The War in Virginia

For years after the Dunmore raids, Virginia was quiet. This peace was broken in May 1779, when Clinton dispatched Major General Matthews and 1,800 men to raid the state. Landing at Portsmouth, detachments of Matthews' men spread out and captured several coastal towns, which were looted and burned. Before they returned to New York, the British destroyed or seized property worth £2 million, including 130 ships and 3,000 hogsheads of tobacco. The 1779 raid was a warning that the American forces did not heed. When the British returned, the Virginians were not ready to offer effective resistance.

Benedict Arnold in the Old Dominion

Following his unsuccessful attempt to betray West Point, Benedict Arnold took service with the British. Part of the reward for his treason was a commission as a brigadier general. One of his first acts as an officer in the British army was to lead a large-scale raid that wreaked havoc in Virginia.

Clinton sent Arnold south on December 20 with 1,600 men. A storm scattered the fleet carrying Arnold's force, and three transports with 400 men aboard never returned. Arnold and the remainder of his force arrived off Hampton Roads on December 30 and landed in early January. Governor Thomas Jefferson attempted to call out militia to oppose Arnold, without success. Arnold advanced to Richmond and burned much of the city. Loaded with spoils, Arnold's little army was able to march off to Portsmouth without any opposition. Arnold fortified the town and settled down for the remainder of the winter.

Arnold's operations almost cost Thomas Jefferson his political career. As governor of Virginia, he was criticized for the state's vulnerability to British incursions and the poor response of the militia. Being chased out of Richmond by the British did nothing for Jefferson's gubernatorial dignity.

A French fleet transporting an army of 5,500 troops commanded by Jean Baptiste Donatier, comte de Rochambeau, had arrived at Newport, Rhode Island, in July 1780. A British fleet promptly blockaded the French. Thus, the French stayed. Rochambeau and Washington waited for an opportunity to attack New York City that never came.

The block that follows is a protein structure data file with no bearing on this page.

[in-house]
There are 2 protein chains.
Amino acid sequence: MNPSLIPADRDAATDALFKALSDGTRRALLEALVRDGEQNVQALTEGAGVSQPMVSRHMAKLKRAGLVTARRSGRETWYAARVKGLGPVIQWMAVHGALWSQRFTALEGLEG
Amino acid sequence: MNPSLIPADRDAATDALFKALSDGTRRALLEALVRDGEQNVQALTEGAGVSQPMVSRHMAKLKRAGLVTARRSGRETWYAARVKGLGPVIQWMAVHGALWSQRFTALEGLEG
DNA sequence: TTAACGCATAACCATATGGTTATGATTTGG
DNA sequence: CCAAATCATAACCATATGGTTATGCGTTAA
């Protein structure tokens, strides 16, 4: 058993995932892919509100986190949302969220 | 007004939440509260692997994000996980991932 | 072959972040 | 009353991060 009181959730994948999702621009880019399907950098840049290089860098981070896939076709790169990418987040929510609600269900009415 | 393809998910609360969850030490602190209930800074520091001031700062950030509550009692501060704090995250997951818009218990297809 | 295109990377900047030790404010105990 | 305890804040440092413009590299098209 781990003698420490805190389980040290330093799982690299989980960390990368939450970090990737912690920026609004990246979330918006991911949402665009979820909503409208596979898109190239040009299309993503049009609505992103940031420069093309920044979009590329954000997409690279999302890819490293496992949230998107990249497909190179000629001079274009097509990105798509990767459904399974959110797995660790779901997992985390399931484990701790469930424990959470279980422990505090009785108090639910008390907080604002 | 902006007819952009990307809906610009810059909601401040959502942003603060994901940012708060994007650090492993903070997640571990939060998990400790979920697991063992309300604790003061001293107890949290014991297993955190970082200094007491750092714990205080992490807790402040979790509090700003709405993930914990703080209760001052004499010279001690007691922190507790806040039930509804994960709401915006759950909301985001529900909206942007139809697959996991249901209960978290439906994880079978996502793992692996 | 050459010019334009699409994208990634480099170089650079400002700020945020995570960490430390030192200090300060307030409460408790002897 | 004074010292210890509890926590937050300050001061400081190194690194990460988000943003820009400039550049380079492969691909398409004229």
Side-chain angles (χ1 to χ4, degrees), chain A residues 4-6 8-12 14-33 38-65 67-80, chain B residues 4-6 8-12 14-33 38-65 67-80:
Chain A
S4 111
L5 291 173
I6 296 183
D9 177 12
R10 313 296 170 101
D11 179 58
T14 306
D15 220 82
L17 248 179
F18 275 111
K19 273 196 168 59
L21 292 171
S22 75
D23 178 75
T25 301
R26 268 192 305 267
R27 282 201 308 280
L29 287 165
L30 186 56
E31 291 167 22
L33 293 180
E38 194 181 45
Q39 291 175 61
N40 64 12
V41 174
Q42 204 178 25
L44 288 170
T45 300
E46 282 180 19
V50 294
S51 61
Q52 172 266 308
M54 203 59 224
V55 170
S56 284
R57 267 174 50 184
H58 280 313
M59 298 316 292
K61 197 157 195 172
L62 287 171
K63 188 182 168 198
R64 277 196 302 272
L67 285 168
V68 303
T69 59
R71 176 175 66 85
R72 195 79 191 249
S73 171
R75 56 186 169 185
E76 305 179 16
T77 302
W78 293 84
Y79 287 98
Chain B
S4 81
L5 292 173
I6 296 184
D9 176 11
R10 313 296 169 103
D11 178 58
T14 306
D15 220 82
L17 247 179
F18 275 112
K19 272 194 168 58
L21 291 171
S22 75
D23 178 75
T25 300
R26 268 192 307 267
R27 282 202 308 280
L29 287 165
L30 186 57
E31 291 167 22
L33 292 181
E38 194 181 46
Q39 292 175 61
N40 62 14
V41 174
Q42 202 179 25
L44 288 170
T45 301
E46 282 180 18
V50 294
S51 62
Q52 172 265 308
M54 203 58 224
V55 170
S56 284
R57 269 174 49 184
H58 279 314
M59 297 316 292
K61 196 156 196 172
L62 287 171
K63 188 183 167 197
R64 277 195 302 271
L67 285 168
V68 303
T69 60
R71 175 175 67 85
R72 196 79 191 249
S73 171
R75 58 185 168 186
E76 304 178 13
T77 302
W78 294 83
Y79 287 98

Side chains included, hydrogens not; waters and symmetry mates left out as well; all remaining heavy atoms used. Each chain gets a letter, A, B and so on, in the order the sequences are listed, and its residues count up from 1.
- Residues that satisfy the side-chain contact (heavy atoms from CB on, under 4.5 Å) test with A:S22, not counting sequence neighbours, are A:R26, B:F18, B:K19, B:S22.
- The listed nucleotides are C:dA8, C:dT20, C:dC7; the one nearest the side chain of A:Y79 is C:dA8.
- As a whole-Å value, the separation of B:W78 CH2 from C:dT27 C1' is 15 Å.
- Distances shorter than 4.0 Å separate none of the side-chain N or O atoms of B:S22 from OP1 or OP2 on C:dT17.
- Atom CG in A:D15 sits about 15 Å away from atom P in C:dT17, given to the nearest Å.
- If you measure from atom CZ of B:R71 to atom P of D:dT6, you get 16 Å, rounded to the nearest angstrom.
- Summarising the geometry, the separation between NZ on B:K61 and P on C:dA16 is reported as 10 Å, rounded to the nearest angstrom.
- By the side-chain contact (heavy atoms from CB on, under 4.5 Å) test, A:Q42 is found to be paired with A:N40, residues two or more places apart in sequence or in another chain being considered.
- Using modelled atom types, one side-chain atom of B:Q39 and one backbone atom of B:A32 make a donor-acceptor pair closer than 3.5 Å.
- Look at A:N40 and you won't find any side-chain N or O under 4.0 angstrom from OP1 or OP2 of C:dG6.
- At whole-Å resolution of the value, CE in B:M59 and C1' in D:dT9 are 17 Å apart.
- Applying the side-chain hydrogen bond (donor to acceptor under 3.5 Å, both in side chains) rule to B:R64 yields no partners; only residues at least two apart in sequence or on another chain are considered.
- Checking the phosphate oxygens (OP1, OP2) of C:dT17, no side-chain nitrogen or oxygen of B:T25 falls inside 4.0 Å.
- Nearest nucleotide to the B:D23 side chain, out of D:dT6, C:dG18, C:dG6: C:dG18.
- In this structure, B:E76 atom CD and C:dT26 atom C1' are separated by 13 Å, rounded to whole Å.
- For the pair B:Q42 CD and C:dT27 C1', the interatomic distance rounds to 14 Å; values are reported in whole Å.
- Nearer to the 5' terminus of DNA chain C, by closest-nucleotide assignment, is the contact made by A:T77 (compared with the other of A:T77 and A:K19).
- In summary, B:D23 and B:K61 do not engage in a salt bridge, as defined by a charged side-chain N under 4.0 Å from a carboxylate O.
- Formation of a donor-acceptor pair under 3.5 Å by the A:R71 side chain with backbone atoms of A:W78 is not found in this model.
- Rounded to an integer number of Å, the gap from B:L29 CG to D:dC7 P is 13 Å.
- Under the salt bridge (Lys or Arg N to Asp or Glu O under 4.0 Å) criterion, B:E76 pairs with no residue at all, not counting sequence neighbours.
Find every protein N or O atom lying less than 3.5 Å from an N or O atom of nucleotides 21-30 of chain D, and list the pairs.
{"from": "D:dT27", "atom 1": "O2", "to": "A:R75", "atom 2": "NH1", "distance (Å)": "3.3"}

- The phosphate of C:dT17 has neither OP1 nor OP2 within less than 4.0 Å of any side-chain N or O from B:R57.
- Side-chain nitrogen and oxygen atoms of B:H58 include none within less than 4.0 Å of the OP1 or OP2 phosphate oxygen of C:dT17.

Washington recognized the vulnerability of British expeditionary forces cut off from their lifeline to the sea. He wanted to bag the traitorous Arnold, and asked for the cooperation of the French fleet. The French were able to comply because of a storm that disabled the blockading fleet. The French fleet sailed to the Chesapeake but was engaged on March 16 by a British fleet commanded by Admiral Marriot Arbuthnot and forced back to Newport. Washington thus lost the opportunity to put a noose around the neck of Benedict Arnold.

Lafayette to the Rescue

Washington sent the Marquis de Lafayette with 1,200 Continentals to bolster the Virginians and operate in tandem with the French. The failure of the French fleet left Lafayette facing a much larger British force. Clinton had sent Major General William Phillips with 2,600 troops to Portsmouth to reinforce Arnold and take command of operations in Virginia.

In April, Arnold sailed up the James River with 2,500 men, destroying property at will. Landing at City Point, Arnold marched to Petersburg. After brushing aside a force of militia, he burned some ships and captured 4,000 hogsheads of tobacco. Encouraged by this success, both Phillips and Arnold set out on further raids later that month. At the village of Osborne's on the James, Arnold destroyed or captured more than twenty-one vessels gathered to assist the French. Arnold and Phillips then joined forces and continued ravaging the state until May.

Lafayette reached Richmond on April 29. Phillips did not attack him, though he was operating nearby. Instead, the British fell back toward Petersburg. Lafayette soon learned the reason. General Cornwallis had arrived.

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